When thinking about some of the buzzing cleantech clusters around the world, the Basque Country doesn’t often come to mind. However, since visiting the region for Cleantech Group’s bi-annual European Advisory Board Meeting, which this time was hosted in partnership with Innobasque, I have had a rapid about-face, and so should you all.
As I crossed over one of the entrance bridges to Bilbao, the main Basque municipality, one couldn’t help but notice the gigantic curved titanium exterior of the Guggenheim Museum pitted against the new high-rise Iberdrola Towers. Both act as iconic symbols of the region’s transformation from an Industrial town to an innovation hub over the past two decades.
Some of the statistics are astonishing. According to the OECD Review of Regional Innovation in the Basque Country, over 70% of the regions R&D is conducted by SMEs (firms under 250 employees), compared to under 20% for the UK. Further, the number of firms initiating R&D activities increased from 110 in 1998 to 343 in 2007. The region is also home to two Technology Corporations, Tecnalia and IK4 Research Alliance, which have over 3,000 employees with 750 cleantech dedicated researchers
The cities regeneration has also created much opportunity for cleantech as a new economic sector. Many of the large corporates have taken much interest in the development of “smart urban” environments which touches so many areas of cleantech such as mobility, energy, buildings, and waste management. Spain’s largest and most prestigious traditionally energy-focused corporates such as Iberdrola, Repsol, Gamesa, and Mondragon are reaching out of their core competencies to invest in these solutions. For example, a few months ago Spanish wind turbine corporate Gamesa launched a venture capital fund with a budget of EUR 50 million to invest in six new sectors globally: tidal power, energy storage, next generation PV, off-grid power system, e-mobilty, and energy efficiency. Iberdrola and Repsol also both have similar recent venture capital initiatives.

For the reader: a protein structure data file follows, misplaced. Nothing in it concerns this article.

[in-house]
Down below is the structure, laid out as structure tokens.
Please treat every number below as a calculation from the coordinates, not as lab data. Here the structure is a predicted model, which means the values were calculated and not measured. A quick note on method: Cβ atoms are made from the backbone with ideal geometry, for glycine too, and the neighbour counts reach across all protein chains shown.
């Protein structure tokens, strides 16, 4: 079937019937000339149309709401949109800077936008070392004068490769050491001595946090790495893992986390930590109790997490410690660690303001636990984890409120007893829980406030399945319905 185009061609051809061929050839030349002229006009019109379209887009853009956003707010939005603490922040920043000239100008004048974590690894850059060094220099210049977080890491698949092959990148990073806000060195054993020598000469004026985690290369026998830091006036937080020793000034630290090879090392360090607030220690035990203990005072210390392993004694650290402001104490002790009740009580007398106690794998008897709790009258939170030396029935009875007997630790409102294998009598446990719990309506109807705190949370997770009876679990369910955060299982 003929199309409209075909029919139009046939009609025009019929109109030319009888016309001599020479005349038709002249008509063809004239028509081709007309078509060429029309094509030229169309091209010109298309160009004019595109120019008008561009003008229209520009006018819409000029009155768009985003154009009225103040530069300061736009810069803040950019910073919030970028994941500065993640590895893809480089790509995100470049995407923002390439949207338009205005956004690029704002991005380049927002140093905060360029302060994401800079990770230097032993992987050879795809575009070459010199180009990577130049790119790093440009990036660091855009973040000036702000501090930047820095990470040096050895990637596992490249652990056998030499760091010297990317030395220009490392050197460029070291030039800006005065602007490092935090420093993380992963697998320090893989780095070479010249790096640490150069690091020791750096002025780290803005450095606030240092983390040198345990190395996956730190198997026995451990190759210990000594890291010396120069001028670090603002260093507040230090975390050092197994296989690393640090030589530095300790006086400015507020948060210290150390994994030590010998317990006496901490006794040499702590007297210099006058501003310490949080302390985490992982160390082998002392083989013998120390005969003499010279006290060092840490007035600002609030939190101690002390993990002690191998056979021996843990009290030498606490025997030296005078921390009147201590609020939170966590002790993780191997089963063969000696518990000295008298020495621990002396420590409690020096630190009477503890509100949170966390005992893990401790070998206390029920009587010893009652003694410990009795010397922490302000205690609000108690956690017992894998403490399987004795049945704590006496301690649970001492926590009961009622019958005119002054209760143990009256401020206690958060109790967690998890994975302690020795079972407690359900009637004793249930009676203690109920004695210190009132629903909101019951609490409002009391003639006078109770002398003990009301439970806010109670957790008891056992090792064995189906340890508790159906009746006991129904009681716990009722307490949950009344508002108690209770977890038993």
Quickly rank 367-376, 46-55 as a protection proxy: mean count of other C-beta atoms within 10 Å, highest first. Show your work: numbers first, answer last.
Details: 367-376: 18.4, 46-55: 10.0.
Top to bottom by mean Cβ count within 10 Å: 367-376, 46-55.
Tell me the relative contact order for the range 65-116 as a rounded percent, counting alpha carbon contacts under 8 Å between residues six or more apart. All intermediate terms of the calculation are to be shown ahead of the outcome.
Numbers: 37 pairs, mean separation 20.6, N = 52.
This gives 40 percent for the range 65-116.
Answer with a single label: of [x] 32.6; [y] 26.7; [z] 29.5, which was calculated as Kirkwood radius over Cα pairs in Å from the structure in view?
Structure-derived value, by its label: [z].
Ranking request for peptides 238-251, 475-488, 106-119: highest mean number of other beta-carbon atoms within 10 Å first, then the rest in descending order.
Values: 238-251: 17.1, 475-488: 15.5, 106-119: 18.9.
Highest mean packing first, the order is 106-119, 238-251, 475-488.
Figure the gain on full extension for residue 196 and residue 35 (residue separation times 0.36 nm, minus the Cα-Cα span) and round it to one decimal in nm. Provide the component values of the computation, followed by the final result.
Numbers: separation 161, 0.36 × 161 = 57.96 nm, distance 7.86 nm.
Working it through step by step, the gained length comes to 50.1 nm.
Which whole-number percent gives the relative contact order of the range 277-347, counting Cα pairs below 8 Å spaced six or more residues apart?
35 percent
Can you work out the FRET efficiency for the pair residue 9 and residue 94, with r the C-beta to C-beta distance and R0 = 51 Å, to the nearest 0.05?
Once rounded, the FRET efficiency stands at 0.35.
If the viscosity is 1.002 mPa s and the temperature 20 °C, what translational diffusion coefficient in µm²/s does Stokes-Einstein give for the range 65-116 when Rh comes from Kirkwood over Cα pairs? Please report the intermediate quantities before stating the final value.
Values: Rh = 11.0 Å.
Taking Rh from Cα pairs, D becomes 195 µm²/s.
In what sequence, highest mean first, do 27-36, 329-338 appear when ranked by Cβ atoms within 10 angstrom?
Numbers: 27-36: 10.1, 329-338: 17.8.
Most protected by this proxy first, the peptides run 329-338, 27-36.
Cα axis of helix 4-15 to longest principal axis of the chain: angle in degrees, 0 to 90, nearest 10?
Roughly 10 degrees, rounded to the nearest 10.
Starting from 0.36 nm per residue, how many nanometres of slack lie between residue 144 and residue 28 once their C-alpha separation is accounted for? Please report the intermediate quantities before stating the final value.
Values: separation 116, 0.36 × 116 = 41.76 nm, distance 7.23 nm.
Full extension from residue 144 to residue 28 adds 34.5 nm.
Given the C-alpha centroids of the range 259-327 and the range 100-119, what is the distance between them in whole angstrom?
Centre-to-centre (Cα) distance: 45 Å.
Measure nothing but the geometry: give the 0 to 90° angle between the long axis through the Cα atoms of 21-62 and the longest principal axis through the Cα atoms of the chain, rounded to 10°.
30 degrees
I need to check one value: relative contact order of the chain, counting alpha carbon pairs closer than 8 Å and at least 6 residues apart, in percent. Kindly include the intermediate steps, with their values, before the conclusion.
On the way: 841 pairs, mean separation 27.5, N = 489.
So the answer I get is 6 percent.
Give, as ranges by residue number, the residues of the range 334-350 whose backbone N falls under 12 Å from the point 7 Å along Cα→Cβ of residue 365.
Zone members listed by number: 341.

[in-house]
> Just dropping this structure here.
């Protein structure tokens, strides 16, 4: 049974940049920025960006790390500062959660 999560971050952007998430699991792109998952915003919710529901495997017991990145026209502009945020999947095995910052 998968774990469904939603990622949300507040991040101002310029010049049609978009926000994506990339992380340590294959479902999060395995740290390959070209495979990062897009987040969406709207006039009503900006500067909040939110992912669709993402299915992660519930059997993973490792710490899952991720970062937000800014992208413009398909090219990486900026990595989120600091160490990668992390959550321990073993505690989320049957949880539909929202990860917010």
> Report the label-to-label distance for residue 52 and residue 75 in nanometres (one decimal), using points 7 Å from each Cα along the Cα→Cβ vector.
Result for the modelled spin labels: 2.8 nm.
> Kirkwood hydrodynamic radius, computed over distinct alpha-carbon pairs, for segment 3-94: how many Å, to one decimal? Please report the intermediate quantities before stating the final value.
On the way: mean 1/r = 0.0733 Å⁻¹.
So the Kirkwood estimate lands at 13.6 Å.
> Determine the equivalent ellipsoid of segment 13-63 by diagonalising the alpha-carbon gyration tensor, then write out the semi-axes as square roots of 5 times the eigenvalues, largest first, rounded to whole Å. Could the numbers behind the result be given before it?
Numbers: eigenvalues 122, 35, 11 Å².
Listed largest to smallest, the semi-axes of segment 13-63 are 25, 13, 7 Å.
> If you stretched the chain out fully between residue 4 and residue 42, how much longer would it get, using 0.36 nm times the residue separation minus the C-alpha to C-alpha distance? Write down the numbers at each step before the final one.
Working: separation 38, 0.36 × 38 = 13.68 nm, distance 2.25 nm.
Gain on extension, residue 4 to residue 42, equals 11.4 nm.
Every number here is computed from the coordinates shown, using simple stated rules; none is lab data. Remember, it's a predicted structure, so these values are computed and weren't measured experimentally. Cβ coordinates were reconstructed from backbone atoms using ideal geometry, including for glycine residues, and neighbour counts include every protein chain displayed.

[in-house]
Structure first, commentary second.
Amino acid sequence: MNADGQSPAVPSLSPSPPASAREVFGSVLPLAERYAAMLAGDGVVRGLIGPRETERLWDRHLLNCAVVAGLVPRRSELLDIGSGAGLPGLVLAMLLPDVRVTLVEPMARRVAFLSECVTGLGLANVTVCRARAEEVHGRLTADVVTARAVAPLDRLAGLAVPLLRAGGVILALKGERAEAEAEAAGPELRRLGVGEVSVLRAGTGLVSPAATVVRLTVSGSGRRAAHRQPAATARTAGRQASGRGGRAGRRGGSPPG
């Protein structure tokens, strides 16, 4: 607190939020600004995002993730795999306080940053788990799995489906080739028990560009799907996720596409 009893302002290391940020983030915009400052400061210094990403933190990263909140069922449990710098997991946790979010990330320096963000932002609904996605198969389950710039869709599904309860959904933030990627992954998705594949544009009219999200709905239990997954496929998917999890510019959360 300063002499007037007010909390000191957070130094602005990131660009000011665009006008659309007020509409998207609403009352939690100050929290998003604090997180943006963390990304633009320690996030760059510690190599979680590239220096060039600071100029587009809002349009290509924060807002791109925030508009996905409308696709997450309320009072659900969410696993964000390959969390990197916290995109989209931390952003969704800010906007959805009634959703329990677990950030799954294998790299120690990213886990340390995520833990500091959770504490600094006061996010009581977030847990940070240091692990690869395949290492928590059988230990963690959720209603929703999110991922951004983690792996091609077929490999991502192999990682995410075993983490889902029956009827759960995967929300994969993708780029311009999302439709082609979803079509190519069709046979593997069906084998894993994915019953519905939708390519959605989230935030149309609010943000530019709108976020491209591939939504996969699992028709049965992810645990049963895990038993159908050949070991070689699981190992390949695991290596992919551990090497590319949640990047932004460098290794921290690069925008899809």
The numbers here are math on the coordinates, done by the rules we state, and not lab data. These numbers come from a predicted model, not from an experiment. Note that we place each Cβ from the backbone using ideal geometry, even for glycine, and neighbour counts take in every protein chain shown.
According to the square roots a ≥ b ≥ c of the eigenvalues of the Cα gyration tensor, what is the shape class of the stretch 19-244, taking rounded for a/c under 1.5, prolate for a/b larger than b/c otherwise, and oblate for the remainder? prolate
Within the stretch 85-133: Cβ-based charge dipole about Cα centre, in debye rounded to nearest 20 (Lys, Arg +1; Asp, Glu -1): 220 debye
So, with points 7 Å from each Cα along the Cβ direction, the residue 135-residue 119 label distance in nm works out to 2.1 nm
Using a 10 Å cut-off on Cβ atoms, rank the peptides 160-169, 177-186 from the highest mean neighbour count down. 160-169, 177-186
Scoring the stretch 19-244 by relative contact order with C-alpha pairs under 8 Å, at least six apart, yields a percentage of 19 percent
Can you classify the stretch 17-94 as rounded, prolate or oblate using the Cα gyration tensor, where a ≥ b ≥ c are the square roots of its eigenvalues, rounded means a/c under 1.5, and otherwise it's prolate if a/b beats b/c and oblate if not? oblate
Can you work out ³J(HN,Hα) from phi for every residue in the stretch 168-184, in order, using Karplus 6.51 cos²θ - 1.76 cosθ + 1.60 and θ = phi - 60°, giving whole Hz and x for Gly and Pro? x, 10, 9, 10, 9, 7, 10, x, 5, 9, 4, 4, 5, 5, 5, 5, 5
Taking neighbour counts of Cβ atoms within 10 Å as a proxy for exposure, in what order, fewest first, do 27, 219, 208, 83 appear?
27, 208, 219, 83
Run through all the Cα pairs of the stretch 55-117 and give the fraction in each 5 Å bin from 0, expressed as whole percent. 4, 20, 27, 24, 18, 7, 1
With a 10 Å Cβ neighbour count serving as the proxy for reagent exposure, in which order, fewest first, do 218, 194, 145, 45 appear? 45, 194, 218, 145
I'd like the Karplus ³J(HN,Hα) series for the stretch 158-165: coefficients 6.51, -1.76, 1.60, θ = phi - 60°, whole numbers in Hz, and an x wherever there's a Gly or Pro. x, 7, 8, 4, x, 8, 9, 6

Many of the other elements of an innovation culture are also falling into place: a supportive government, high-class academia, and a bubbling start-up community. As part of our visit, we heard presentations from six such promising companies from a diverse group of sectors: EcoMotion, Hub Ingeinnova, HBiO, Efficient Home Energy, ABG Biotech, and Alpetek. Further, we heard presentations from the six cleantech finalists from the Cleantech Open event in Bilbao, the winner of which, PowerTrack, will soon present at the global final in San Francisco in November.
It was clear to me that the entrepreneurial spirit was very much alive and the entire region has a strong desire be recognized globally for its innovation ecosystem, particularly in cleantech. If the rapidity and quality of its industrial transformation over the past 20 years is anything to go by, then we should see many more Basque cleantech start-ups hitting the international circuit pretty soon.
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